That was initiated by Craig, who reached out to Wisdom after the 2013 season to see if he would like to join him a few times each week to work out. Wisdom, having just finished his first full professional season, embraced the invitation.
"We kind of grew up in the same town, same area, so we're familiar with the same scenery," Wisdom said. "We have this connection of where we've been so far, and so we can kind of relate. I don't want to step on his toes or anything. He has his own process, his own regimen. I just like to be there and watch him and learn from him and pick his brain."
"I think it's pretty clear that he's got a lot of talent, a lot of physical tools," added Craig. "He's a good guy. He works hard. Obviously, it was fun to be around him, just talking the game. It was casual, hanging out, talking about baseball."
The two found connections beyond proximity, too. Wisdom had played baseball with one of Craig's cousins. They were both drafted out of college, with Craig having gone to the University of California, Berkeley and Wisdom to St. Mary's College. Those campuses sit about 12 miles apart.
Wisdom was the higher Draft pick (No. 52 overall in 2012) out of college, though Craig has the credentials Wisdom envies. Wisdom split 2013 between two Class A clubs, with which he established himself as one of the best infield prospects in the organization. Craig solidified his spot on the national radar last season with one of the best "clutch" seasons by any Major League player in the past four decades.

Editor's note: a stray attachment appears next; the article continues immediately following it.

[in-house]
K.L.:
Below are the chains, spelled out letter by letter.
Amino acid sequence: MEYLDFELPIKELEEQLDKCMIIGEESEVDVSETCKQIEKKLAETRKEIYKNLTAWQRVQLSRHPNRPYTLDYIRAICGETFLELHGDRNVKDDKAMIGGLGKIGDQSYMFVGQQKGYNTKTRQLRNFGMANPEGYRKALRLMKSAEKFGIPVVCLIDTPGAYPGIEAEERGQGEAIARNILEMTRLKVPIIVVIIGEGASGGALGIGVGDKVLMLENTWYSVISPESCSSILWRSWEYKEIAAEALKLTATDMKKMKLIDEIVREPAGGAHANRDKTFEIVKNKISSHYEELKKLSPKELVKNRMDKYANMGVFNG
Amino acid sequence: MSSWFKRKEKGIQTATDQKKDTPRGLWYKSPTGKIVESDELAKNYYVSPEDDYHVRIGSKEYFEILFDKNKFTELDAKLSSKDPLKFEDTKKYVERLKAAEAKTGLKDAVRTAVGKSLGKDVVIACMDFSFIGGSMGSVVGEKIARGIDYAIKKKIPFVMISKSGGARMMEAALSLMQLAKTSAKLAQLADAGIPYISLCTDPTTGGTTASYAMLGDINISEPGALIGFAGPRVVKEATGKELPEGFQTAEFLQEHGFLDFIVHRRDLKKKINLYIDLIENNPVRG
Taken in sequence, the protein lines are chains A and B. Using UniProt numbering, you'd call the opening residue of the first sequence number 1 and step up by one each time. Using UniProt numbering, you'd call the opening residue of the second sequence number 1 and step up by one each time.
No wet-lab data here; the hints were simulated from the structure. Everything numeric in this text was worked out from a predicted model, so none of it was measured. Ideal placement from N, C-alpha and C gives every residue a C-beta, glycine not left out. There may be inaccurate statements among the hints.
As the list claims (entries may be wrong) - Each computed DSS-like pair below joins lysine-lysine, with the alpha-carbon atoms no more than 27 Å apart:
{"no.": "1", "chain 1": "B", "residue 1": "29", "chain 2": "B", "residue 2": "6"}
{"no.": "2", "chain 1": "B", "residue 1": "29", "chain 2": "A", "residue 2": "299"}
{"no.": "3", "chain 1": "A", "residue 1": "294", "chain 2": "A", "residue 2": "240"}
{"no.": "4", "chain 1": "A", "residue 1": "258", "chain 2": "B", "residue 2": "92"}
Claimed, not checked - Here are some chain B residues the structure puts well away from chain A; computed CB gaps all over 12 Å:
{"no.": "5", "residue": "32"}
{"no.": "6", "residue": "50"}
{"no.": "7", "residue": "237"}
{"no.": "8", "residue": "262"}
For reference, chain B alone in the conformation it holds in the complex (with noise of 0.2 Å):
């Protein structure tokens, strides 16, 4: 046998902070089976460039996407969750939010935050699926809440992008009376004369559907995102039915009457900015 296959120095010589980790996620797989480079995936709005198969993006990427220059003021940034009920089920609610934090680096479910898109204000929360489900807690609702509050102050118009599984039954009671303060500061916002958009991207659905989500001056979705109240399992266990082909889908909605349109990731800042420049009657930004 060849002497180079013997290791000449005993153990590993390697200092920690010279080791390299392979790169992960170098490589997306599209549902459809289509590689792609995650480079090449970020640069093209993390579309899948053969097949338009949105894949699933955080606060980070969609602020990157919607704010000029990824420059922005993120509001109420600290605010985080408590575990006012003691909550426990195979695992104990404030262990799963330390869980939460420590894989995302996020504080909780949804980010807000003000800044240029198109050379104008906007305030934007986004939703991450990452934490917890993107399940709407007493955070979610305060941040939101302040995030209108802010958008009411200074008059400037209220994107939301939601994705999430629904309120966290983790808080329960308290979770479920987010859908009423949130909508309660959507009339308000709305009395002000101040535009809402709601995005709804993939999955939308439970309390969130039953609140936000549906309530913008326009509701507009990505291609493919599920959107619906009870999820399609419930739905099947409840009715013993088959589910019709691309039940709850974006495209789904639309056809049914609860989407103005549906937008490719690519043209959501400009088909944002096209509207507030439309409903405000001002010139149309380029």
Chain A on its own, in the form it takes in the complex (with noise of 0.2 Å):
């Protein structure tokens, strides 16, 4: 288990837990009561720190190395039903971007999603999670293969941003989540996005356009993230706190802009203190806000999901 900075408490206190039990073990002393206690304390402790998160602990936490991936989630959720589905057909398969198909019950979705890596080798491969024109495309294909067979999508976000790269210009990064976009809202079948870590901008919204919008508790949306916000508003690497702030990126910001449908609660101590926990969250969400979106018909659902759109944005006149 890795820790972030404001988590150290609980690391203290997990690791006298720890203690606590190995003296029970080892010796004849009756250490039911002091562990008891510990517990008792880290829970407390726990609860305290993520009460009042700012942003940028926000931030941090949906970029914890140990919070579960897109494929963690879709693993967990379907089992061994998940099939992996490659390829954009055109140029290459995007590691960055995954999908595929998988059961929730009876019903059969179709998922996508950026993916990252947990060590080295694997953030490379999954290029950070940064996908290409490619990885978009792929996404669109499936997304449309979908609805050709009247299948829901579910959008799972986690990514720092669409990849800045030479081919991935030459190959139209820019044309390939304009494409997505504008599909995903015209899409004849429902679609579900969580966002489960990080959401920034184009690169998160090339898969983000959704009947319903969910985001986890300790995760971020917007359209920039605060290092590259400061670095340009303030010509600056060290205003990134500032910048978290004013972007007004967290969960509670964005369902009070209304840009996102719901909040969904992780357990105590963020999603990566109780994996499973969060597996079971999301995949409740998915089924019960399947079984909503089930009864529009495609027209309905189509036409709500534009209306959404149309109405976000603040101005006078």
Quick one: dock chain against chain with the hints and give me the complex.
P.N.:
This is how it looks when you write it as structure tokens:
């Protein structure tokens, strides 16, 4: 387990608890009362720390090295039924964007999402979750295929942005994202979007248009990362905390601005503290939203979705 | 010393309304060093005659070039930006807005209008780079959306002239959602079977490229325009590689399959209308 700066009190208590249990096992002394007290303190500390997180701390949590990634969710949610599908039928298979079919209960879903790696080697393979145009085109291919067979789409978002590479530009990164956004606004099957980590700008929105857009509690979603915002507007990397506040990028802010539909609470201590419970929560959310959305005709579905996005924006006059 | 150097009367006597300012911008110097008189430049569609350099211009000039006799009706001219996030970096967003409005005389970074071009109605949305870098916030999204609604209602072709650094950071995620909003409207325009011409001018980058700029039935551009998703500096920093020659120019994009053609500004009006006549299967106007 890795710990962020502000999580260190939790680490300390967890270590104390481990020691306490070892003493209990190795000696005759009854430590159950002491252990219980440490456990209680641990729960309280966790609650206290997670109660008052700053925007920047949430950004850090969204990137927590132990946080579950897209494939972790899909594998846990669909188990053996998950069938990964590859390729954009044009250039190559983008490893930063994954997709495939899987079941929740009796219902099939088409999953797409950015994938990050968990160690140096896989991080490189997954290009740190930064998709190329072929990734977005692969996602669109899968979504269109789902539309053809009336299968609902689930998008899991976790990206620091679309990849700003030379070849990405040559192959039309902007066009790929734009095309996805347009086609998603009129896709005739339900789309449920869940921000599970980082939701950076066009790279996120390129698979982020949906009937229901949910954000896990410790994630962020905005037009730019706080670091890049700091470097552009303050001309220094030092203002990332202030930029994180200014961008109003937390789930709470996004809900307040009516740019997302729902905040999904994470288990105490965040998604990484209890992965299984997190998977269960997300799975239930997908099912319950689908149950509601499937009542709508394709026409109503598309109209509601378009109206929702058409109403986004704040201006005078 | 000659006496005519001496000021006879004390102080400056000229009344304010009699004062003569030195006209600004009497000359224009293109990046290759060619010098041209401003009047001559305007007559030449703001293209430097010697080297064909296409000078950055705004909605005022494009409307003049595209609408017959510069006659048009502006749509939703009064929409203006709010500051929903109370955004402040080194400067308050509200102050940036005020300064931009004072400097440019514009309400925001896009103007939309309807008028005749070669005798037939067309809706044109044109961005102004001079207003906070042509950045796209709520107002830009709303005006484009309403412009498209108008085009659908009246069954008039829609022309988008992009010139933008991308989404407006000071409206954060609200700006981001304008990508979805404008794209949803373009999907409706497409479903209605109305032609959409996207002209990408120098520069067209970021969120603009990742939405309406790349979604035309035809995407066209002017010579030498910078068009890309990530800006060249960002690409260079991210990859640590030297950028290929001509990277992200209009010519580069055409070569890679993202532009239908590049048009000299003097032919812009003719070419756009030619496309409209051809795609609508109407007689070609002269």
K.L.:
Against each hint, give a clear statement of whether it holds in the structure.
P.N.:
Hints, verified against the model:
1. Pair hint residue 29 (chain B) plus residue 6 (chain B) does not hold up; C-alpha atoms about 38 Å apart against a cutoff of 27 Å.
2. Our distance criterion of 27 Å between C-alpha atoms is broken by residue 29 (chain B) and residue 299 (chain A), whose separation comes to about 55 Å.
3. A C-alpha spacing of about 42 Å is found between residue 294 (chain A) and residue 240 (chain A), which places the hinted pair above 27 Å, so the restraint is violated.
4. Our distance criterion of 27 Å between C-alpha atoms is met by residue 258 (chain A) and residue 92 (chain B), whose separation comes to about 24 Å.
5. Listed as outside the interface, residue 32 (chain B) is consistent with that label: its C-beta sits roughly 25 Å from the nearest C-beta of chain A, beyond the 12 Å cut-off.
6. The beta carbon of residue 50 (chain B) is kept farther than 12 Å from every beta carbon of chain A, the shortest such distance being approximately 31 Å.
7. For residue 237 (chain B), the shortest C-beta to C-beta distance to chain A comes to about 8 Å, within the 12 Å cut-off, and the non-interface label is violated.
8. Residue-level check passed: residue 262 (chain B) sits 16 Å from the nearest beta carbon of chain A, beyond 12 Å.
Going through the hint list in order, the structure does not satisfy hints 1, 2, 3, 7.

It wasn't so much that success but the journey to it that Craig wanted to share with the 22-year-old third baseman.
"We live in a somewhat large town, but it's a small town in terms of the baseball community," Craig said. "He's fairly young in his professional career, and he has a lot of talent. There are some struggles that I had coming up, and obviously, he's a pro and he knows exactly what he's doing, but if there is any little type of message from just talking the game and communication back and forth that can help, then I'm all for it. There are things that I learned from him, that he learned from me. That's the best type of baseball relationship you can have -- just talking the game and getting better."
It is also, manager Mike Matheny said, another component of the oft-recited Cardinal Way.
"That's what makes this place special," Matheny said. "These guys are constantly doing things like that. You have to have talent, too, and obviously, he has some."